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Why are women living longer than men?

Danny Arias (2022-04-19)

Everywhere in the world women live longer than men - but this was not always the case. The available data from rich countries shows that women didn't live longer than men in the 19th century. Why do women live longer than men in the present and how have these advantages gotten bigger in the past? The evidence isn't conclusive and we only have limited answers. Although we know that there are behavioral, biological and environmental factors that play an integral role in women living longer than men, we don't know how much each one contributes.

It is known that women are living longer than men, regardless of weight. But, this is not due to the fact that certain biological factors have changed. What are these changing factors? Some are well known and relatively straightforward, like the fact that men smoke more often. Others are more complicated. For example, there is evidence that in rich countries the female advantage increased in part because infectious diseases used to affect women disproportionately a century ago, so advances in medicine that reduced the long-term health burden from infectious diseases, especially for survivors, ended up raising women's longevity disproportionately.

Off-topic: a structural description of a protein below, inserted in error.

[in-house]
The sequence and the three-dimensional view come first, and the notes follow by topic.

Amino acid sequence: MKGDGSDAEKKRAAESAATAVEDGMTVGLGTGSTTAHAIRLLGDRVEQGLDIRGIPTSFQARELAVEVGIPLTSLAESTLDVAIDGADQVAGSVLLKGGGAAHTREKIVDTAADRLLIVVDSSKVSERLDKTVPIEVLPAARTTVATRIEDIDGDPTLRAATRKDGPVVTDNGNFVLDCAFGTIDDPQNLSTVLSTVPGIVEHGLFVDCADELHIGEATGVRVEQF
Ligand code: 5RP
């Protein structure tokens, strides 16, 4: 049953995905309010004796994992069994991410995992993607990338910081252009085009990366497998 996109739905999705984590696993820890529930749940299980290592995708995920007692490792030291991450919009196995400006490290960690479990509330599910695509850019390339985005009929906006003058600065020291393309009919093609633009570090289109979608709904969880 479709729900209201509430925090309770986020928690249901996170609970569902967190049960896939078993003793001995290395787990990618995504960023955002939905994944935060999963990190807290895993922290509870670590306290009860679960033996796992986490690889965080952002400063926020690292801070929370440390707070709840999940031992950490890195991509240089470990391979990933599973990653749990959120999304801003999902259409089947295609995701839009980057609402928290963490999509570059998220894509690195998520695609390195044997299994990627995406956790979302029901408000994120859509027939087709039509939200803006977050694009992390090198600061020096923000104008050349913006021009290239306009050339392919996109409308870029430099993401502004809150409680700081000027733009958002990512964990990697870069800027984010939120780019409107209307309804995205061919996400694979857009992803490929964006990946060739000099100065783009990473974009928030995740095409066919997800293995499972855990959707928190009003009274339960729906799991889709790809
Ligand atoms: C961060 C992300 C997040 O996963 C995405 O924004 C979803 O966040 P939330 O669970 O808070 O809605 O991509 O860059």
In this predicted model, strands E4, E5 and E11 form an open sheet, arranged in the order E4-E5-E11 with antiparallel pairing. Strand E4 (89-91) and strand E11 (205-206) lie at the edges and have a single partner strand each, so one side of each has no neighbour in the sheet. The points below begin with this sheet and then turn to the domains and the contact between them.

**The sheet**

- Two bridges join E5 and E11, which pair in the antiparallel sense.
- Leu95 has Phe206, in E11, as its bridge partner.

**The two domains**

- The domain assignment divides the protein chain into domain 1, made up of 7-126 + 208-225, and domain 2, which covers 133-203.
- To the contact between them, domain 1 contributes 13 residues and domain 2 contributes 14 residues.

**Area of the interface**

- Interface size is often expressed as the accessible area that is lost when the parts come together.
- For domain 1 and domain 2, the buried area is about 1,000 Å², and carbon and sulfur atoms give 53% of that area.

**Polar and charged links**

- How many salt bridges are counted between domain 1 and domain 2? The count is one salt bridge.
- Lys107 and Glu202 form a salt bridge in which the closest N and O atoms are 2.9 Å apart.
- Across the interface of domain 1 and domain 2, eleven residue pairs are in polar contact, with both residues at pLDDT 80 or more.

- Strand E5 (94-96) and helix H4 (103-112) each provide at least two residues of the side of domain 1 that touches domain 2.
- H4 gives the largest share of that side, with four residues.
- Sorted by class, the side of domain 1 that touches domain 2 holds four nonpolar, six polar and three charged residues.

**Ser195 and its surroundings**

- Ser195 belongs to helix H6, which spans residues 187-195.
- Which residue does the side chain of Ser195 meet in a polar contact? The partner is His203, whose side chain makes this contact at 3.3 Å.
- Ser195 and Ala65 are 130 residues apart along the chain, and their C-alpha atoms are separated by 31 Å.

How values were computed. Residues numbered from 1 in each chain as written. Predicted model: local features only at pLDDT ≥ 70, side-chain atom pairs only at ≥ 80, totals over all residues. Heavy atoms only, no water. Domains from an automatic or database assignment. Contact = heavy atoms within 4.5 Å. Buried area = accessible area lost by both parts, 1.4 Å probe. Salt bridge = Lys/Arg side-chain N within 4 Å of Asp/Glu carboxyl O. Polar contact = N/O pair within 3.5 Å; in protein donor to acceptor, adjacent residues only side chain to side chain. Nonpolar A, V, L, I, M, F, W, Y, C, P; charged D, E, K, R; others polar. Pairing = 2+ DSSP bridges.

Everywhere in the world women tend to live longer than men
The first chart below shows life expectancy at birth for men and women. We can see that every country is over the diagonal line of parity. This means that a newborn girl from every country could anticipate to live longer than her brothers.

This chart shows that, even though women enjoy an advantage in all countries, the differences across countries can be significant. In Russia women have a longer life span than males; while in Bhutan the gap is just half an hour.

In countries with high incomes, the women's advantage in longevity used to be smaller
Let's examine how the female advantage in longevity has changed over time. The chart below illustrates the gender-based and female-specific life expectancy at birth in the US during the period 1790 until 2014. Two points stand out.

First, there is an upward trend. as well as women in the US live much, much longer than they did 100 years ago. This is in line with historical increases in life expectancy everywhere in the world.

The gap is widening: While the female advantage in life expectancy used to be quite small, it has increased substantially over time.

You can confirm that these points are also applicable to other countries that have data by selecting the "Change country" option on the chart. This includes the UK, زيوت تطويل الشعر France, and Sweden.